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High-Speed Catching of a Paper Balloon using High-Performance Proximity Sensor

Summary

For high-speed and super soft-touch catching, we developed a fingertip-size, high-performance proximity sensor. The sensor detects tilt angles of and the distance to an object surface independent of the reflectance. The measurement time is within 1 ms an the peak-to-peak distance error in a short distance is less than 31 micro meters. Although the detection principle is a method proposed in the past (Masuda et. al, 1981) , we designed an analog circuit suitable for the principle and optimized the optical design of the detection element. We achieved small-size, high-speed and high-accuracy proximity sensor. High-speed, high-accuracy measurement enables "super tactile sensing" which continuously detects the object from non-contact to contact state, allowing the robot hand to grasp a fragile object at high speed and with a soft touch. The hand was able to catch the paper balloon with a deformation equal to or less than that achievable by a human performing the same catching task.

The hand autonomously adjusts the grasping position according to the object position, posture, shape and softness. This technology can be applied to various robot fields such as industrial robots and home service robots. Now, we are developing 1ms sensor fusion system with the high-speed vision sensor and the proximity sensor. We will realize more challenging, high-speed and precise catching.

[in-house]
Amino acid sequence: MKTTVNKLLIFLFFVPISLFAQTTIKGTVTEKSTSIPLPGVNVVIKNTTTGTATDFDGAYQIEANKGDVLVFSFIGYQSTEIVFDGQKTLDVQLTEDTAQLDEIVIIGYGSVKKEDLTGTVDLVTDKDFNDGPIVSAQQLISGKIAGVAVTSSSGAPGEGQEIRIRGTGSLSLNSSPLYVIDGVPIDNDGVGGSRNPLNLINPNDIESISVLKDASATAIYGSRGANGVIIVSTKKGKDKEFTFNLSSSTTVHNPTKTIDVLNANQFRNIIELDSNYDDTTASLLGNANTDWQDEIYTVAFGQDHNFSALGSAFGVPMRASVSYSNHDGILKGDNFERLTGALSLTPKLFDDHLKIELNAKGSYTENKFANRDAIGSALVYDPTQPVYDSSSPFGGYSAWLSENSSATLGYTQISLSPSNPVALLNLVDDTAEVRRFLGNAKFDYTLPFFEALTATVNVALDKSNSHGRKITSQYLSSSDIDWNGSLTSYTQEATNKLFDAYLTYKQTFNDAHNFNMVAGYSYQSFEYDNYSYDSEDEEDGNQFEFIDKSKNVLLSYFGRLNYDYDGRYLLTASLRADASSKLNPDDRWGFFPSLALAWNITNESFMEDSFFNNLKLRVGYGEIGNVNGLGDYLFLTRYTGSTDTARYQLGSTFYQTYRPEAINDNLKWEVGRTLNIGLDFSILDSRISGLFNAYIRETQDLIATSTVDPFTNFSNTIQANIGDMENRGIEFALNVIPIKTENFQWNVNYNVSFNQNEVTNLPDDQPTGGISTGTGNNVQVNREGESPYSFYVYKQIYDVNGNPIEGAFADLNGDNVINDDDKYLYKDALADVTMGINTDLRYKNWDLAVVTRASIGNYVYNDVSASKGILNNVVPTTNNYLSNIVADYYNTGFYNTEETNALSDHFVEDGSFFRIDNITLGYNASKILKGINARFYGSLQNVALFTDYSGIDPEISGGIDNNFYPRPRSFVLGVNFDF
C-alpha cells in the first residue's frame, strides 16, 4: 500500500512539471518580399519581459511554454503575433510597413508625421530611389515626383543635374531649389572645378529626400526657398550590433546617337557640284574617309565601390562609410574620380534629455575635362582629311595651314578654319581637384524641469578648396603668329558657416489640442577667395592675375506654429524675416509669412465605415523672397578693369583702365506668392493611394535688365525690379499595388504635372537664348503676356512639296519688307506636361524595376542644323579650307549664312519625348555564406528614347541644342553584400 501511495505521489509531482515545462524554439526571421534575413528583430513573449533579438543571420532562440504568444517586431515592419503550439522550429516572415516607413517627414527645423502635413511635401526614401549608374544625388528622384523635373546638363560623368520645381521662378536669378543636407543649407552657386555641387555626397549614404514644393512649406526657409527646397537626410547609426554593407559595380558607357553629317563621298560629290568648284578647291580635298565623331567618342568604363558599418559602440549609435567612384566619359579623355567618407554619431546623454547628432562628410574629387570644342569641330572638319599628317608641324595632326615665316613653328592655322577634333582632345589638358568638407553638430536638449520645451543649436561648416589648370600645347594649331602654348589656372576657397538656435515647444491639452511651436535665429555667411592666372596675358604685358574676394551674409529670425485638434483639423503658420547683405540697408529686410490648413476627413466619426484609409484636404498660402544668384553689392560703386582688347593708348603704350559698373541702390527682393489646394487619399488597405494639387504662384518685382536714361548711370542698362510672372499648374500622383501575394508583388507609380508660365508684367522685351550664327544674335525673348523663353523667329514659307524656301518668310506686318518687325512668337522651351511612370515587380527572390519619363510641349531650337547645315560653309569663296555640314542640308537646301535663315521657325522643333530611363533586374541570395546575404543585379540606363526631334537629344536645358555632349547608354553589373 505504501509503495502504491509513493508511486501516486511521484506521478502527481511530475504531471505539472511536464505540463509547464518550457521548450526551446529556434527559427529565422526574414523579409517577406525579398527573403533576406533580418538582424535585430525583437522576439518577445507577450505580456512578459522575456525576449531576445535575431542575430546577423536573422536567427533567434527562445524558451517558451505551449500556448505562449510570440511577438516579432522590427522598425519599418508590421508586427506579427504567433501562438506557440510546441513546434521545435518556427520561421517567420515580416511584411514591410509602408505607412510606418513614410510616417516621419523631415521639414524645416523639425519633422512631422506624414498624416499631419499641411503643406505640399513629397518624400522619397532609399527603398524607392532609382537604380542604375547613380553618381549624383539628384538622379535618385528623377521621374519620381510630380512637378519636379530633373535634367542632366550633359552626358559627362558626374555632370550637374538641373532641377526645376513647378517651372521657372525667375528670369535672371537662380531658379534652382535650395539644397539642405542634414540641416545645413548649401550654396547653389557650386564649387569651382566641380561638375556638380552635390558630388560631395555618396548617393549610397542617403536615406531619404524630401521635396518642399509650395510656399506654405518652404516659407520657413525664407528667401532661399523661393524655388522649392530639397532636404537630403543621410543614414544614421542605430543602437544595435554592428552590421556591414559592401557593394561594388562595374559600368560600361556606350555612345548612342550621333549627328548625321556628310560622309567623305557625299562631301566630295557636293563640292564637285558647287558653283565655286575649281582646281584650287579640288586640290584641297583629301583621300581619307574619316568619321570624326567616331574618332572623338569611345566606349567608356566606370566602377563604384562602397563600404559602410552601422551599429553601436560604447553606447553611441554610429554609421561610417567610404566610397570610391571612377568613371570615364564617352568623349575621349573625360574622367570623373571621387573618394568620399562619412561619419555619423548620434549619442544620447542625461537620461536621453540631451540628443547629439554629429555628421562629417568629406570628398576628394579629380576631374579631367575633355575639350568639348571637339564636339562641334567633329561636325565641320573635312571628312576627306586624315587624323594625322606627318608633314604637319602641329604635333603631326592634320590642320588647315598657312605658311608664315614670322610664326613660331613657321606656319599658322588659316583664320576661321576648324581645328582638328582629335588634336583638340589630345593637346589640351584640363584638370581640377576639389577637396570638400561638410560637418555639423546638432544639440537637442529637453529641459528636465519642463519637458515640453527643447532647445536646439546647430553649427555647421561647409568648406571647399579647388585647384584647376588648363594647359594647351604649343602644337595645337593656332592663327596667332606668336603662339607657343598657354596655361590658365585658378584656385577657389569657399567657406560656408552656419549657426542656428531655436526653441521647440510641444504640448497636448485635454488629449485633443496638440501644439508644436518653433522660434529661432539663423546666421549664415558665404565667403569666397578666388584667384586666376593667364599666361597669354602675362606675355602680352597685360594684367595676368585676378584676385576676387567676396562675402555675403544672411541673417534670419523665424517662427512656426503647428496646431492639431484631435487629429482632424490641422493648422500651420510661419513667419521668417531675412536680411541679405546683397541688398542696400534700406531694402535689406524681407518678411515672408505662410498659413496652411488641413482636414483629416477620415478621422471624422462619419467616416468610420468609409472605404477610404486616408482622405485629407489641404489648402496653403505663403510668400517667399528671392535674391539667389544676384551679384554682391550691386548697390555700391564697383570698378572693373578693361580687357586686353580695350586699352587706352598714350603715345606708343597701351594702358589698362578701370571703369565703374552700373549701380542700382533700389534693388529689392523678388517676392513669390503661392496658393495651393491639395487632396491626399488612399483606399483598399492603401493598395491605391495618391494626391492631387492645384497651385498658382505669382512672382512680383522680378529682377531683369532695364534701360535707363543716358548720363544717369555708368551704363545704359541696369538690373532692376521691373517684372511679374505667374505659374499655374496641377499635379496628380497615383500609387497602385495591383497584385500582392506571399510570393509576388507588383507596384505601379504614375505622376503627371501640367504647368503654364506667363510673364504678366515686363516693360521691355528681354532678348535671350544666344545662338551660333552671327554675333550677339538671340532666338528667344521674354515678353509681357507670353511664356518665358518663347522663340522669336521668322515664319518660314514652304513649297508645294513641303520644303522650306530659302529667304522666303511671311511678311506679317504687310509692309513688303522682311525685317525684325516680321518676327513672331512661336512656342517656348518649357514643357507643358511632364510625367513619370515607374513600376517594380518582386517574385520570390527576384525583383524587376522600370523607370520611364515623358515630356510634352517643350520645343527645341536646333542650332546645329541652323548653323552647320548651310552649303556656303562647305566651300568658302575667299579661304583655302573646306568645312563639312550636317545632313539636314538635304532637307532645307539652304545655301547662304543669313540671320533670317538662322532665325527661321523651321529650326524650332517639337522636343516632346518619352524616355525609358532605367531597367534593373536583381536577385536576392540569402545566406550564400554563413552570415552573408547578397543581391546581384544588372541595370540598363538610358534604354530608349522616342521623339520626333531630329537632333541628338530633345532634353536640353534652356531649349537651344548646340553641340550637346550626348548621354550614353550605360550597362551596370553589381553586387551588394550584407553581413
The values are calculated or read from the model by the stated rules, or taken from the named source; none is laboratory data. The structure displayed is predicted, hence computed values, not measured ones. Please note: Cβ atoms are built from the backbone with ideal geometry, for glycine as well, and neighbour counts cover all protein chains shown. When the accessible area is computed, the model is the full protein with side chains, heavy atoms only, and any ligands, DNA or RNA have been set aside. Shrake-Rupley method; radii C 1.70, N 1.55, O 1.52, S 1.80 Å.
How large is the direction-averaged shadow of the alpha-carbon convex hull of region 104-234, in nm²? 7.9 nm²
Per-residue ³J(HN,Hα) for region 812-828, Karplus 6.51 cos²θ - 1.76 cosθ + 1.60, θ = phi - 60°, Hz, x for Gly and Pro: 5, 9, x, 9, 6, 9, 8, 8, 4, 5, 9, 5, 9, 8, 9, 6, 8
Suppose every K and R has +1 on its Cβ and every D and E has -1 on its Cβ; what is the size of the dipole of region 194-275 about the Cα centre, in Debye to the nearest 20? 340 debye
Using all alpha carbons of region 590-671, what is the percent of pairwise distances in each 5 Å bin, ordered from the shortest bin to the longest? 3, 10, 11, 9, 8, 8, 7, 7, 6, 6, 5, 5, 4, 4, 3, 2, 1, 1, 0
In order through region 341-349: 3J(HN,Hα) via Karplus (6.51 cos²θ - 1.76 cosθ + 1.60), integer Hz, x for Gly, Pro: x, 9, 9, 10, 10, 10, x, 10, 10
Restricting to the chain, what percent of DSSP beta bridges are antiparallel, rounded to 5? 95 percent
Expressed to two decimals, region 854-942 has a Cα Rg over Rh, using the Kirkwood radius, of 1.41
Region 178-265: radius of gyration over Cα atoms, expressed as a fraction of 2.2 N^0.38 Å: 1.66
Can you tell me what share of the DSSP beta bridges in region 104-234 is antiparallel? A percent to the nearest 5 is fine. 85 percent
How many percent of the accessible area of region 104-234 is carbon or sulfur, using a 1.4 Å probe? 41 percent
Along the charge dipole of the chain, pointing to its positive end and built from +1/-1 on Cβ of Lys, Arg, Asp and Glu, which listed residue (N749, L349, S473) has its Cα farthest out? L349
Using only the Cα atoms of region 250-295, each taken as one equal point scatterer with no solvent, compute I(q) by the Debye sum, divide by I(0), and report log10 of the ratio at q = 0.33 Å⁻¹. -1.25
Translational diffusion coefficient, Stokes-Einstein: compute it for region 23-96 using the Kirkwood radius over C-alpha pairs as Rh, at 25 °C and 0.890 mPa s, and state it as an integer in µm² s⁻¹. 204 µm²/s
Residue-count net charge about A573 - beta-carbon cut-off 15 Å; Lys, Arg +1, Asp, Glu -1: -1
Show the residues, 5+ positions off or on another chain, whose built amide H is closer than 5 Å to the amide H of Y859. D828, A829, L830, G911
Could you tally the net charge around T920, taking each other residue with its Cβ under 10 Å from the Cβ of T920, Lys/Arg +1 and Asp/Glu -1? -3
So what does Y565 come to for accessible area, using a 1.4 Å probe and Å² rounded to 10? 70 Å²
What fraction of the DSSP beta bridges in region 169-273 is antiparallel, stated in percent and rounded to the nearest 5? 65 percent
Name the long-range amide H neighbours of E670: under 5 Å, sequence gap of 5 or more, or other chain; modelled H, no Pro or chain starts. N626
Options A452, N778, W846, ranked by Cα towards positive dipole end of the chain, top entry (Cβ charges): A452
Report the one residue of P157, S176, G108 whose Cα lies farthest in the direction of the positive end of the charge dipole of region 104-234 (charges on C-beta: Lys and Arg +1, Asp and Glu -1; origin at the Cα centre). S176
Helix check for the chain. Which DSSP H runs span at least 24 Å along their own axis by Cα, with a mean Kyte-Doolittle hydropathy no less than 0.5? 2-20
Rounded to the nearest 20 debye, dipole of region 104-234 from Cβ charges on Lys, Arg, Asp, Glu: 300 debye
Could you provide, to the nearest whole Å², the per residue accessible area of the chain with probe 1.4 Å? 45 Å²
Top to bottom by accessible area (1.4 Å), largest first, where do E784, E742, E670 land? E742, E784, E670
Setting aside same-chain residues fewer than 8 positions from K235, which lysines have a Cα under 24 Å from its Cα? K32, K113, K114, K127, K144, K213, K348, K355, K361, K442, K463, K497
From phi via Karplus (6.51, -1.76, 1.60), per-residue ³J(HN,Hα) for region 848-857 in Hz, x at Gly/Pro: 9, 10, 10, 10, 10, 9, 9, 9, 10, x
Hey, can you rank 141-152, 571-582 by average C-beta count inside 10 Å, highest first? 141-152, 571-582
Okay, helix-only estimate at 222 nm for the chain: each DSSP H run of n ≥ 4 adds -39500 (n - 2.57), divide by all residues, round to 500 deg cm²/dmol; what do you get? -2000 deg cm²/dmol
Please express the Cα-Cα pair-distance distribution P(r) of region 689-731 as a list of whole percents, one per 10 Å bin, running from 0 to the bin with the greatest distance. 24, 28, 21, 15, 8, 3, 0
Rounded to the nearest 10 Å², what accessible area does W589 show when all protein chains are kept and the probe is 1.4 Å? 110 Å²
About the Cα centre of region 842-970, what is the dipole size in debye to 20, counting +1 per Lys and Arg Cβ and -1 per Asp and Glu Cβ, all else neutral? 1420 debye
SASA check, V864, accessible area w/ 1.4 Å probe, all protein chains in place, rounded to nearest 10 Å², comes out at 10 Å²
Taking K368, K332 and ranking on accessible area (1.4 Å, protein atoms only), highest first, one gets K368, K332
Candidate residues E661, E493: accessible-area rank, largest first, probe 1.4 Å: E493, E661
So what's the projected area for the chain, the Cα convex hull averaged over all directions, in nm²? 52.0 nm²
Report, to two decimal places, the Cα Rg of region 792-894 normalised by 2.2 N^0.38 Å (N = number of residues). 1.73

Fig.1. The high-speed robot hand equipped with the high-performance proximity sensor
 
 
Fig.2. (a) Block diagram of the circuit. (b)Schematic diagram of the arrangement of the circuit board.
 

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Reference

  1. Keisuke Koyama, Makoto Shimojo, Taku Senoo, Masatoshi Ishikawa: High-Speed High-Precision Proximity Sensor Subsuming Tactile Function -Sensor Module and Contact Detection Method-, 2018 JSME Conference on Robotics and Mechatronics, 1P1-H03 (2018) (Japanese).
Ishikawa Senoo Laboratory, Department of Information Physics and Computing, Department of Creative Informatics,
Graduate School of Information Science and Technology, University of Tokyo
Ishikawa Senoo Laboratory WWW admin: www-admin@k2.t.u-tokyo.ac.jp
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